Curation, though, is a force for good. Curation says, “Here’s what I love and I want to share it with you!” Curation says, “This is good and worth knowing.”

Bad critiques are, at their heart, subtractive. They discourage expression. They make you scared to try. Curation inspires.

When I first saw Tumblr, I mistook it for lazy. I thought instead of creating their own content, people were just regurgitating others. And in some cases, that’s probably true. But bless that holy regurgitation. Because when we vomit what we love out into the world, it inspires those out there seeking inspiration. Thanks to Tumblr I have encountered art, and poems, and movies I never would have seen otherwise. And all of it fuels the divine engine inside of me that wants to make stuff; that wants to create.

This is an essay about blogging - but not really.

Be a curator. Not a critic.

I would begin with the understanding that God has left the world unfinished, and so, in Genesis chapter 1, this creation poem is about trees that are created to have the ability to create more trees. So, to me an authentic spirituality begins with the premise that we co-create the world with God. The world is not done, and that all of action is essentially rooted in creativity. Any way in which you contribute to the ongoing creation of the world you are in fact, in some form or another being creative and so then I think the question from there becomes “what is art?” By Rob Bell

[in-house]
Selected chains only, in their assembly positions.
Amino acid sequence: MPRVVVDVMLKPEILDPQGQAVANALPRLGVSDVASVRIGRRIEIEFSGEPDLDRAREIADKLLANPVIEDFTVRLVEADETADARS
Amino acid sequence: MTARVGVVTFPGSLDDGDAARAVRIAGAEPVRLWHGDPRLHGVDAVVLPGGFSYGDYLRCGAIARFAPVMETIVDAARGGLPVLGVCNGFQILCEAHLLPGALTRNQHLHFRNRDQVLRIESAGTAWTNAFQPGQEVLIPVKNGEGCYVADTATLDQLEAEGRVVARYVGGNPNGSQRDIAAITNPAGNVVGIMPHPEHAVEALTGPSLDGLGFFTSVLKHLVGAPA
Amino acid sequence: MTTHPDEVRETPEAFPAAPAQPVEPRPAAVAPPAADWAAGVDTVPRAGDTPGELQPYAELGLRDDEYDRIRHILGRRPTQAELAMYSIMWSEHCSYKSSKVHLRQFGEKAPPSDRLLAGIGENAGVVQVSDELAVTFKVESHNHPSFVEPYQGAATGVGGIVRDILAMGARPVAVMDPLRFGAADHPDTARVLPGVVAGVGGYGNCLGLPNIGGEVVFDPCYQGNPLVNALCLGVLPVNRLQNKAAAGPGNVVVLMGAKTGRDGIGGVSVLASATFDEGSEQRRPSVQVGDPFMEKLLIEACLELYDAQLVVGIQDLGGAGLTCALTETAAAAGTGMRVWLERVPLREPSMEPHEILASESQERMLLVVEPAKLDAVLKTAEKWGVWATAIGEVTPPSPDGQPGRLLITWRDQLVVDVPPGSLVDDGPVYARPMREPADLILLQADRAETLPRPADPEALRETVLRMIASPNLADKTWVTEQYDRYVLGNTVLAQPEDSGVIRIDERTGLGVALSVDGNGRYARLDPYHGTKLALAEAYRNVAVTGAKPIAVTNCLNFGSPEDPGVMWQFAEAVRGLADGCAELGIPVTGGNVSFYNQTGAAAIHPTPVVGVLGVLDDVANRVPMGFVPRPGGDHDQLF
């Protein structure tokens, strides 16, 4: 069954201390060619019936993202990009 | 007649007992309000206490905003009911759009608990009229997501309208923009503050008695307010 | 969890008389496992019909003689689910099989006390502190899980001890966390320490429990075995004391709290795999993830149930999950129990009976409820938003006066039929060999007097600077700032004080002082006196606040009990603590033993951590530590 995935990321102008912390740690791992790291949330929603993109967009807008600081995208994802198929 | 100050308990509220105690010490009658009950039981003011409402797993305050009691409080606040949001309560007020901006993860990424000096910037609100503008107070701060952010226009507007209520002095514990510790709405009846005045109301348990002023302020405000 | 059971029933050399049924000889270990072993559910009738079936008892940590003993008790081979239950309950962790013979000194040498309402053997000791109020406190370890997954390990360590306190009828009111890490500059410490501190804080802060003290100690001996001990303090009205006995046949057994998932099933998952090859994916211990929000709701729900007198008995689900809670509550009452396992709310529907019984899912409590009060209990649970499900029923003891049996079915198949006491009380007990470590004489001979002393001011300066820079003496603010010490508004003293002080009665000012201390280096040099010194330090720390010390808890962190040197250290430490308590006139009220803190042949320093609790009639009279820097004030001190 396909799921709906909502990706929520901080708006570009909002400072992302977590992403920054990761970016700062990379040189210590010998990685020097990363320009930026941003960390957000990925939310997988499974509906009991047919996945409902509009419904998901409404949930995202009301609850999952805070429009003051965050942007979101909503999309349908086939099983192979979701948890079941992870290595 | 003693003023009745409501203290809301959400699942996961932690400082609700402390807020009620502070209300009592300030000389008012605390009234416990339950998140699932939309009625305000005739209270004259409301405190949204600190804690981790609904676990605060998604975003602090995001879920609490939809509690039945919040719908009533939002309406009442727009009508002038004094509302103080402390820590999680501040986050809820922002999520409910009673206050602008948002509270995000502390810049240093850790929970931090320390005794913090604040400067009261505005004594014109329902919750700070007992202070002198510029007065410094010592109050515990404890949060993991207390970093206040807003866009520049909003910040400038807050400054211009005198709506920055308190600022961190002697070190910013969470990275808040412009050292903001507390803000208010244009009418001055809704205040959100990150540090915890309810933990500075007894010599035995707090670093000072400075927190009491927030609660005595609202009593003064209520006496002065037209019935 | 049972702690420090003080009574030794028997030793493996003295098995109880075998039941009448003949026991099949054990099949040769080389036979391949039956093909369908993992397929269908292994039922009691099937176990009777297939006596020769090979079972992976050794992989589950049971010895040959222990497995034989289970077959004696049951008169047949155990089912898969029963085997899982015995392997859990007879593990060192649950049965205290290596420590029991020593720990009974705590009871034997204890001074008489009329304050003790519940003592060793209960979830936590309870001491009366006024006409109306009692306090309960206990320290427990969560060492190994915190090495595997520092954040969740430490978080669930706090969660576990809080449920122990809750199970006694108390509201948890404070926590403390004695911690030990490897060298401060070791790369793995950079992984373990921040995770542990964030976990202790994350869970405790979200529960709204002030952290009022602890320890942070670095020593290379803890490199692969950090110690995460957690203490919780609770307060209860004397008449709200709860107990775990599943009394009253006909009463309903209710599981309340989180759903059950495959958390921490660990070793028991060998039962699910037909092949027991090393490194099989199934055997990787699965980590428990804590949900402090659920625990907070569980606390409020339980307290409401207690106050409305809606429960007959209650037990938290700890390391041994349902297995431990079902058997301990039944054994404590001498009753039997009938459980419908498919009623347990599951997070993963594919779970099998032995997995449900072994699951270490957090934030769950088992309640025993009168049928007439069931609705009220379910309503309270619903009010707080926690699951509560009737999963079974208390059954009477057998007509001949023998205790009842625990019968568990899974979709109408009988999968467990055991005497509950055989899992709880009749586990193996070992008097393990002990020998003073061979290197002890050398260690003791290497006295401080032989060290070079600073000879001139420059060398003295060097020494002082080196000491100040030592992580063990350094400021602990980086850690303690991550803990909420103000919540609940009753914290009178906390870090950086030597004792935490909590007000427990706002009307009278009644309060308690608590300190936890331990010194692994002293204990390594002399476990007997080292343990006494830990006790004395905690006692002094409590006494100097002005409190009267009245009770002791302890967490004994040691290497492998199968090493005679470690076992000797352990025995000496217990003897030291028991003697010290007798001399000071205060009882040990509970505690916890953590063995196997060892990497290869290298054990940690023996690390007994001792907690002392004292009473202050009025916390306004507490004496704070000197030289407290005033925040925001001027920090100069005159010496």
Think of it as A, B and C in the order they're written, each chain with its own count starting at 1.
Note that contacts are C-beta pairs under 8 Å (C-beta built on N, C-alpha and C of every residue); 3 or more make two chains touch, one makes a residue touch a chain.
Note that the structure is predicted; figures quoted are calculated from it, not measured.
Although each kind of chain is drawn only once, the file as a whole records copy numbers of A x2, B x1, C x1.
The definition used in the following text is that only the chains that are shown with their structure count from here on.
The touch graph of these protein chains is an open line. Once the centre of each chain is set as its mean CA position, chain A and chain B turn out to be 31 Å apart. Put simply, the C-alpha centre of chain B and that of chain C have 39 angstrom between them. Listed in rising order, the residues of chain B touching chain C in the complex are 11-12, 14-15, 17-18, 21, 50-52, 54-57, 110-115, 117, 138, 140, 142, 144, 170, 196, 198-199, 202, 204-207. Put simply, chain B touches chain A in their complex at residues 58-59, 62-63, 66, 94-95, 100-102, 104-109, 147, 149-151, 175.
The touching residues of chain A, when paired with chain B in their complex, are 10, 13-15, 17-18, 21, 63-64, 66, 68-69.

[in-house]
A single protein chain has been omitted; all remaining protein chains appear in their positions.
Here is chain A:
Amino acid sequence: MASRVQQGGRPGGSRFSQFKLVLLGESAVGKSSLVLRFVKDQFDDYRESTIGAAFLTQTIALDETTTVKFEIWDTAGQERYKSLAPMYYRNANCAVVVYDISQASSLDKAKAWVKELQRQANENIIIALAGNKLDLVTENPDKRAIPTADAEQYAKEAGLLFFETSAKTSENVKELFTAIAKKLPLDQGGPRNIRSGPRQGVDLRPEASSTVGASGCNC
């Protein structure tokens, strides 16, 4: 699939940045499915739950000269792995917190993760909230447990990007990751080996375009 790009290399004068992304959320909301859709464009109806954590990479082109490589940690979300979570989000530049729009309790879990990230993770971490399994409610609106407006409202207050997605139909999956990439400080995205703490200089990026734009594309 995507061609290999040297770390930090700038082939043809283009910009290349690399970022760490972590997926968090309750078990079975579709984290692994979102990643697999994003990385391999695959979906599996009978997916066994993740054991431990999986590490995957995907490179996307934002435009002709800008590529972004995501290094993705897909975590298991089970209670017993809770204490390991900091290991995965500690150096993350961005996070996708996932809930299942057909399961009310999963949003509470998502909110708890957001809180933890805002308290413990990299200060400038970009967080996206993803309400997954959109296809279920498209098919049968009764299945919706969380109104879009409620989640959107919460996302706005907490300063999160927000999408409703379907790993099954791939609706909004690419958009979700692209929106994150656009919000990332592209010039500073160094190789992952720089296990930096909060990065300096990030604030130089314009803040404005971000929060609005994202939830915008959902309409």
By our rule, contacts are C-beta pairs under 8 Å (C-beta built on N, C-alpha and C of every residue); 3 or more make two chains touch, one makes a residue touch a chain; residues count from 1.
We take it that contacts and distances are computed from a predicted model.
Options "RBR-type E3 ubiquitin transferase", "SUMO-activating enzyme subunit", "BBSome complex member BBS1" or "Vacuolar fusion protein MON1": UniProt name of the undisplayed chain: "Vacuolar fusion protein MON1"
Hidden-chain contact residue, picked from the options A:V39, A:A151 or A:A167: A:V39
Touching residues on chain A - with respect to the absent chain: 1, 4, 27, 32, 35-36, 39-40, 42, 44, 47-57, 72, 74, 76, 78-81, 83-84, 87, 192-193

…make your art. Do the stuff that only you can do. The urge, starting out, is to copy. And that’s not a bad thing. Most of us only find our own voices after we’ve sounded like a lot of other people. But the one thing that you have that nobody else has is you. Your voice, your mind, your story, your vision. So write and draw and build and play and dance and live as only you can. By Neil Gaiman: Keynote Address 2012 | The University of the Arts